Saturday, May 8, 2010

New stories and Old Stories

Hi, readers. Although the semester is ended, I am still swamped, but luckily now I have the time to Recommend some things to you. I know you need it. I know I do too.

Today's recommendation is Susan Campbell's provocative memoir Dating Jesus: A Story of Fundamentalism, Feminism, and the American Girl. (n.b.: that's an Amazon link; good thing the FTC is persecuting bloggers instead of those poor victimized bankers).

The book describes Campbell's childhood and "relationship" with Jesus (get the title?), set against her theological interpretations of the Bible and Christianity. I found the book while waiting around for something in the campus union (where there is conveniently located a corporate-owned store that sells books and every kind of cluttery crap imaginable that can be painted with the university logo). Anyway, so I was in there and picked this up, intrigued by the title. The first chapter - a confessional account of a childhood baptism - so entranced and charmed me that I bought the book (whereas usually I spend weeks waffling and finally decide on a cheap copy online, which inevitably ends up smelling funny).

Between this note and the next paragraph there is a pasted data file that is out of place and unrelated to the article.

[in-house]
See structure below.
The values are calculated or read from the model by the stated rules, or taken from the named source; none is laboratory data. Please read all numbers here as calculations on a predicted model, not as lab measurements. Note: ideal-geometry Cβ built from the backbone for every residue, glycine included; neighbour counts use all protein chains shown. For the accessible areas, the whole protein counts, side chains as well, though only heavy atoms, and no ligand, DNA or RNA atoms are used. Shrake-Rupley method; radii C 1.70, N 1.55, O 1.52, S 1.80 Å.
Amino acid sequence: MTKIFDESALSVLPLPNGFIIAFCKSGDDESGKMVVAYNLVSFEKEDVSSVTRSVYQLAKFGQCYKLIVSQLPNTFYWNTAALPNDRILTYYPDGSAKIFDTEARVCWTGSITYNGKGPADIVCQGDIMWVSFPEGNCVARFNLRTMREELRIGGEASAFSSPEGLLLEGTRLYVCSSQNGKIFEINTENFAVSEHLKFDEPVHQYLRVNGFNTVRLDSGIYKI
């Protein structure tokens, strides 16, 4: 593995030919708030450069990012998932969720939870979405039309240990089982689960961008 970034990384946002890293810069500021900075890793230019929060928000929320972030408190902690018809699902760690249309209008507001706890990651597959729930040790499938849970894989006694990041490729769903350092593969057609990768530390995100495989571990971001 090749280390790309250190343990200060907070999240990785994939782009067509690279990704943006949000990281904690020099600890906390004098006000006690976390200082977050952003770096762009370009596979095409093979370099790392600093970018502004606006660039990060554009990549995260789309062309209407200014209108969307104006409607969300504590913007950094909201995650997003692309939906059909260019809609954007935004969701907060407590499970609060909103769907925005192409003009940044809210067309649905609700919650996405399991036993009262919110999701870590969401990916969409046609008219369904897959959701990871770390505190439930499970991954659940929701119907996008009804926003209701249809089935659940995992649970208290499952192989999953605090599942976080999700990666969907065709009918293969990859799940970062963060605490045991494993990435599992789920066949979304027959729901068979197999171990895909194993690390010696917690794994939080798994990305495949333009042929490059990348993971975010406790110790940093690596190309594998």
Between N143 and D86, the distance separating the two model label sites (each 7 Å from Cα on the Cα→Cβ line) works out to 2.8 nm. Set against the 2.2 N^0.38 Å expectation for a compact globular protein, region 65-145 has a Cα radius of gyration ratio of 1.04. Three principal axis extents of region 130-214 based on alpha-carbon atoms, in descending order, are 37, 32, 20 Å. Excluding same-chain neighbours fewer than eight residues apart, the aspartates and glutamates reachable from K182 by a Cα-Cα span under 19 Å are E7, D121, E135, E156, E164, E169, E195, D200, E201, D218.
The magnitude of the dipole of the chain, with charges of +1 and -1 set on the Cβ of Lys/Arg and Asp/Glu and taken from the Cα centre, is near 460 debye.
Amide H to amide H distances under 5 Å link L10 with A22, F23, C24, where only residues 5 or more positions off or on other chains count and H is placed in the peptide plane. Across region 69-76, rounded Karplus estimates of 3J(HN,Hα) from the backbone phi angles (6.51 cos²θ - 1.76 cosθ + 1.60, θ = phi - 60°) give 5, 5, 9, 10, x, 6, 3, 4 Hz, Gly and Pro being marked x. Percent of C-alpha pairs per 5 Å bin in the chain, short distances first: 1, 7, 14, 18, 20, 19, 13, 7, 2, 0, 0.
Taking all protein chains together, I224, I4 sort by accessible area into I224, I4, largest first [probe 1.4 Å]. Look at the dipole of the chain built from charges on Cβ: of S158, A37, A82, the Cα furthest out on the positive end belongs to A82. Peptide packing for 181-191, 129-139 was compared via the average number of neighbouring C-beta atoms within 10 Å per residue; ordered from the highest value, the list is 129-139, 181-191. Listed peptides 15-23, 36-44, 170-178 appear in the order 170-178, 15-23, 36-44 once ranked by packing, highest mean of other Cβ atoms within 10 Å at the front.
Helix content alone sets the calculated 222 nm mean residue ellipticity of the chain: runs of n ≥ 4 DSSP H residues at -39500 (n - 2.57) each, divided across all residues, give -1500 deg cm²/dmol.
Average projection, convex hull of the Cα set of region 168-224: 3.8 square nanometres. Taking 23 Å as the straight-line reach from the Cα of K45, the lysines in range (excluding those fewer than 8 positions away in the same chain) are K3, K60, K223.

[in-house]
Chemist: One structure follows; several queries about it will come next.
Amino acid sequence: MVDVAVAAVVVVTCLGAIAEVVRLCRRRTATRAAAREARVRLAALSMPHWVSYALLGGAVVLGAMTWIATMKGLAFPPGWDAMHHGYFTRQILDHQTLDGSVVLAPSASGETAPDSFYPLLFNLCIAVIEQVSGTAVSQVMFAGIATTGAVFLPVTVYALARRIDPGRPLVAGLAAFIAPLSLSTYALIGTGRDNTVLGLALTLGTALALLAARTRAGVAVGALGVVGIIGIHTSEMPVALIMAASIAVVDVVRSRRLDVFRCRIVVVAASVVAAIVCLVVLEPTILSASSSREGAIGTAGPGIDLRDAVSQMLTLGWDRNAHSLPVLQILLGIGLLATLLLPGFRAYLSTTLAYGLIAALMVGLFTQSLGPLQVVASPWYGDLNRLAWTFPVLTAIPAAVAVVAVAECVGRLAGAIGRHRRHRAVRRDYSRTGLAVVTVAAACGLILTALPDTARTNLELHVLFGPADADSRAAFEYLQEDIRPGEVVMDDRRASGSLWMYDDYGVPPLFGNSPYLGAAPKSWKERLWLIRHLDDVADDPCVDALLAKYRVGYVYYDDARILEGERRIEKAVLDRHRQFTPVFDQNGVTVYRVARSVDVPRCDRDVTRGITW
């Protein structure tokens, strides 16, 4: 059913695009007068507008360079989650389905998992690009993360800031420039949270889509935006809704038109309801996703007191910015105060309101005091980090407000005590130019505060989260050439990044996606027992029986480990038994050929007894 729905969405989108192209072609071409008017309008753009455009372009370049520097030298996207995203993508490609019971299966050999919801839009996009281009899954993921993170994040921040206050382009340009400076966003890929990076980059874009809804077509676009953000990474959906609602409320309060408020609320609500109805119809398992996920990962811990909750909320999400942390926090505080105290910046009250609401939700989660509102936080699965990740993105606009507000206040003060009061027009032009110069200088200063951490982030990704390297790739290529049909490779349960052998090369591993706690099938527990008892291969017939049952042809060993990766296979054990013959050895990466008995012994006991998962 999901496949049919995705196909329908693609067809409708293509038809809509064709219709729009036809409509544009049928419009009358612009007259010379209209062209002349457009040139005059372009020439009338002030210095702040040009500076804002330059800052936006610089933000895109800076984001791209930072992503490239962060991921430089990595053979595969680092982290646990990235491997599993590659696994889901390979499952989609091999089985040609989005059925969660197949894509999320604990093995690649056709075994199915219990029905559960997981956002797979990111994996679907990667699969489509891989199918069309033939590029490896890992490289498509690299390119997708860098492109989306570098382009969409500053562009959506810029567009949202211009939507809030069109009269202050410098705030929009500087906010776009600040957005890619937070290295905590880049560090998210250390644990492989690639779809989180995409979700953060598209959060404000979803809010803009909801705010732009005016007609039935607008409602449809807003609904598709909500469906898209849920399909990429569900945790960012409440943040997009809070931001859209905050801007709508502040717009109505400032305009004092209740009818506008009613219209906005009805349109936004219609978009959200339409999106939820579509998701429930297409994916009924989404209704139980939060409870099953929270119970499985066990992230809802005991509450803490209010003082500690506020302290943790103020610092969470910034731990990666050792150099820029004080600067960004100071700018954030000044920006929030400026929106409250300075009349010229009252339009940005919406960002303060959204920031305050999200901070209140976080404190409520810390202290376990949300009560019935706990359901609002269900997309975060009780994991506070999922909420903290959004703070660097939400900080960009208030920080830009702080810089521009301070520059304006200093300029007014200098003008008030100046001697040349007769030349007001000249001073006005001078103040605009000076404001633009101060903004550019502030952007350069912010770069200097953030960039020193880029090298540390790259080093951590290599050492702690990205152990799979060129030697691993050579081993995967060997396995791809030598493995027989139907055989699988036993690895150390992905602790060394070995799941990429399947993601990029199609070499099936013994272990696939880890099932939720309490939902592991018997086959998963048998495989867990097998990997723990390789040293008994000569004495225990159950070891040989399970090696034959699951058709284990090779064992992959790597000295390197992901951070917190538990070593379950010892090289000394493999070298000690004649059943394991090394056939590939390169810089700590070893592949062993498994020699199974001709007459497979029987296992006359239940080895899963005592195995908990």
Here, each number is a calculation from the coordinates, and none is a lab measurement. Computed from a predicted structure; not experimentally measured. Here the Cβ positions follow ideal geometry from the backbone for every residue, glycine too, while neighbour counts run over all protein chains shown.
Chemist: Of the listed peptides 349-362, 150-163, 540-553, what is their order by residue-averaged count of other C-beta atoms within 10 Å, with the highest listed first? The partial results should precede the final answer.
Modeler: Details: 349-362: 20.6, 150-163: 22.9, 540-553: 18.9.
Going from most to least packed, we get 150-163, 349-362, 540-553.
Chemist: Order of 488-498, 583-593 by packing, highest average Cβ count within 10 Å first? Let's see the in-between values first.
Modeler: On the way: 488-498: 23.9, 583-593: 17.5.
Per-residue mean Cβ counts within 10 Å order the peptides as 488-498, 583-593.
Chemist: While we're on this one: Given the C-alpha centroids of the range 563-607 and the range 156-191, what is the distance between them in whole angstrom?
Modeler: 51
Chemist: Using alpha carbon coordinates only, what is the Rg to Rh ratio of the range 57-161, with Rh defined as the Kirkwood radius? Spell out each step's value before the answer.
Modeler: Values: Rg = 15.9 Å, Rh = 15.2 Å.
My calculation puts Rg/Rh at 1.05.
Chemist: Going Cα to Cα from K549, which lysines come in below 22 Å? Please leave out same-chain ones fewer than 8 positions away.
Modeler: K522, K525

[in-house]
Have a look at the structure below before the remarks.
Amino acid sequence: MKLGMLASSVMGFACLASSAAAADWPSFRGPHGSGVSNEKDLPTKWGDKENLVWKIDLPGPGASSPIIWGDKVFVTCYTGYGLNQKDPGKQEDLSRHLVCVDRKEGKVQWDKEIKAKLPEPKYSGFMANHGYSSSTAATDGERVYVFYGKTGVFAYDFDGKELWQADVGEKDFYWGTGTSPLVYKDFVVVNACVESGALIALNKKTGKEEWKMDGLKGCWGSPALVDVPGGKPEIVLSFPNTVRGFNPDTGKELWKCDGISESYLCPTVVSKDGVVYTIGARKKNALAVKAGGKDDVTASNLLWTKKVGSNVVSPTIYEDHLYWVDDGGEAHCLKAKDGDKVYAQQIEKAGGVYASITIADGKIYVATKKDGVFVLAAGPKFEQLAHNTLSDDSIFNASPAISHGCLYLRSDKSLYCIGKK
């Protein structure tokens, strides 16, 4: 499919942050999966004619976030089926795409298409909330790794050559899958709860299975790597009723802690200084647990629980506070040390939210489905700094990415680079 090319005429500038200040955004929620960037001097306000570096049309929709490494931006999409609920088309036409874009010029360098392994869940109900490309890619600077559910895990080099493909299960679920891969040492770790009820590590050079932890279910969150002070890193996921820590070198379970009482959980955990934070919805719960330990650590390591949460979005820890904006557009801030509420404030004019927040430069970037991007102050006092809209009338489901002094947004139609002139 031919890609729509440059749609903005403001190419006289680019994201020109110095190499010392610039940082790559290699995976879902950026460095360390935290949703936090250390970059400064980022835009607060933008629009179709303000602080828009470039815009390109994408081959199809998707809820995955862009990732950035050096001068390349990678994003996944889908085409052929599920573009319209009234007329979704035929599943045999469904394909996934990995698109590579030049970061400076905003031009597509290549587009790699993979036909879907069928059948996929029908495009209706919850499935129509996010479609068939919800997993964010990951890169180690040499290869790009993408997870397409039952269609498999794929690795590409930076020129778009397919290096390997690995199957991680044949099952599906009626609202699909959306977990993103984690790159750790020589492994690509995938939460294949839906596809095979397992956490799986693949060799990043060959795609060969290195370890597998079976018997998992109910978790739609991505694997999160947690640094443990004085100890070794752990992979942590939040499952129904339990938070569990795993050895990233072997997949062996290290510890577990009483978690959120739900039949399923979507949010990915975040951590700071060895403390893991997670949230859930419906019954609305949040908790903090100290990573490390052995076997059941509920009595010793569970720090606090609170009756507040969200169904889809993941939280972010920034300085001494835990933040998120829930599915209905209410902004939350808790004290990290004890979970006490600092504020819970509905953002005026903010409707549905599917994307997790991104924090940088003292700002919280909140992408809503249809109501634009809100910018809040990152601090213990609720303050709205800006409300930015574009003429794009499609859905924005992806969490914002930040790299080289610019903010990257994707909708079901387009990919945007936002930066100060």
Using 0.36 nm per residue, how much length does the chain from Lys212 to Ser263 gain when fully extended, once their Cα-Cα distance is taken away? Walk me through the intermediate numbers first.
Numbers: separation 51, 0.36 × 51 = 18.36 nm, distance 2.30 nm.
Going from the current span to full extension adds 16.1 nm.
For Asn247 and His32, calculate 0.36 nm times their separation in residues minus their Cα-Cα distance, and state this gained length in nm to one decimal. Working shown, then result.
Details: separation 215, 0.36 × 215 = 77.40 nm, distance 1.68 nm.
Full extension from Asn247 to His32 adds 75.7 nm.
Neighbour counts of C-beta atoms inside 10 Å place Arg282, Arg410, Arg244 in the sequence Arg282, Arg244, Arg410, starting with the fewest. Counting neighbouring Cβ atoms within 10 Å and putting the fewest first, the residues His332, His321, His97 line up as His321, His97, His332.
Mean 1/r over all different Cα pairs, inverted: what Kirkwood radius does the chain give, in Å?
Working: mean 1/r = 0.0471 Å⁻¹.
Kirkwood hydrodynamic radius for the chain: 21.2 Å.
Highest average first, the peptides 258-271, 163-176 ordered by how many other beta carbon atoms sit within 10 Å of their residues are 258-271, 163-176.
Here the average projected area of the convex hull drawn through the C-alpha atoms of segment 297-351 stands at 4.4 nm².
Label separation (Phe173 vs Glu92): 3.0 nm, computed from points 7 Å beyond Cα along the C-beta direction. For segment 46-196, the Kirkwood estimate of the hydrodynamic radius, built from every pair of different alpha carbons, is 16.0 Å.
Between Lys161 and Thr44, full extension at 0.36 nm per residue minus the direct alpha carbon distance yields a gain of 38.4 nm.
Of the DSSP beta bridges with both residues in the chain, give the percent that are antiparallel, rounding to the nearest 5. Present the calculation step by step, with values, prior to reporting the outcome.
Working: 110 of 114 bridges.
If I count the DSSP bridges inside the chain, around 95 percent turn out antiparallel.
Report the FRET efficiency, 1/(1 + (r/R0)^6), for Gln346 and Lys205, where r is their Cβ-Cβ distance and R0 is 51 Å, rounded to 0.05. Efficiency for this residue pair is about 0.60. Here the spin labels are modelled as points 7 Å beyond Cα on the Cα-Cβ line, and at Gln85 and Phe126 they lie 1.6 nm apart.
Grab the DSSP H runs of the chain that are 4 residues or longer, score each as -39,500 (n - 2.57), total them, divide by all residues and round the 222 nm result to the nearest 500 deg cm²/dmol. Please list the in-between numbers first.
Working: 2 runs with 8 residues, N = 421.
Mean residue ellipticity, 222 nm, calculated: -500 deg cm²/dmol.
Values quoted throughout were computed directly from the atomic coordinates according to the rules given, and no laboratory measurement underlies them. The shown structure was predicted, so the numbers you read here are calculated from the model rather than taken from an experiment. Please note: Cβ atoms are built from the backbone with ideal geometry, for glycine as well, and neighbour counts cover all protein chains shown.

I have complicated feelings about this book, especially considering that I was not raised in any specific religious tradition, am not religious, and have no real insider knowledge of American Fundamentalism. Because of that, I find the book fascinating: it's a totally foreign world to me. Especially when Campbell describes her childhood, this is a funny, provocative read. When Campbell is telling childhood stories, she's really at her best because the description of this sub/culture is unforced and told without condescension.

However, the latter half of the book is a bit dull unless you are seriously interested in theology, in which case it's merely polemical, and, I suspect, unlikely to change hearts or minds. This is not inherently a problem - I just wish she had stuck with the trope of the Jesus "relationship" as it pertained to her childhood within a very specific culture.

Despite this, Dating Jesus is a fascinating look into a world that most of us sinful heathen book-readers will never access, and it manages to present this world in a compassionate way (more than I can do, I guess). If you're into the theology even the last part will be useful and interesting.

1 comment:

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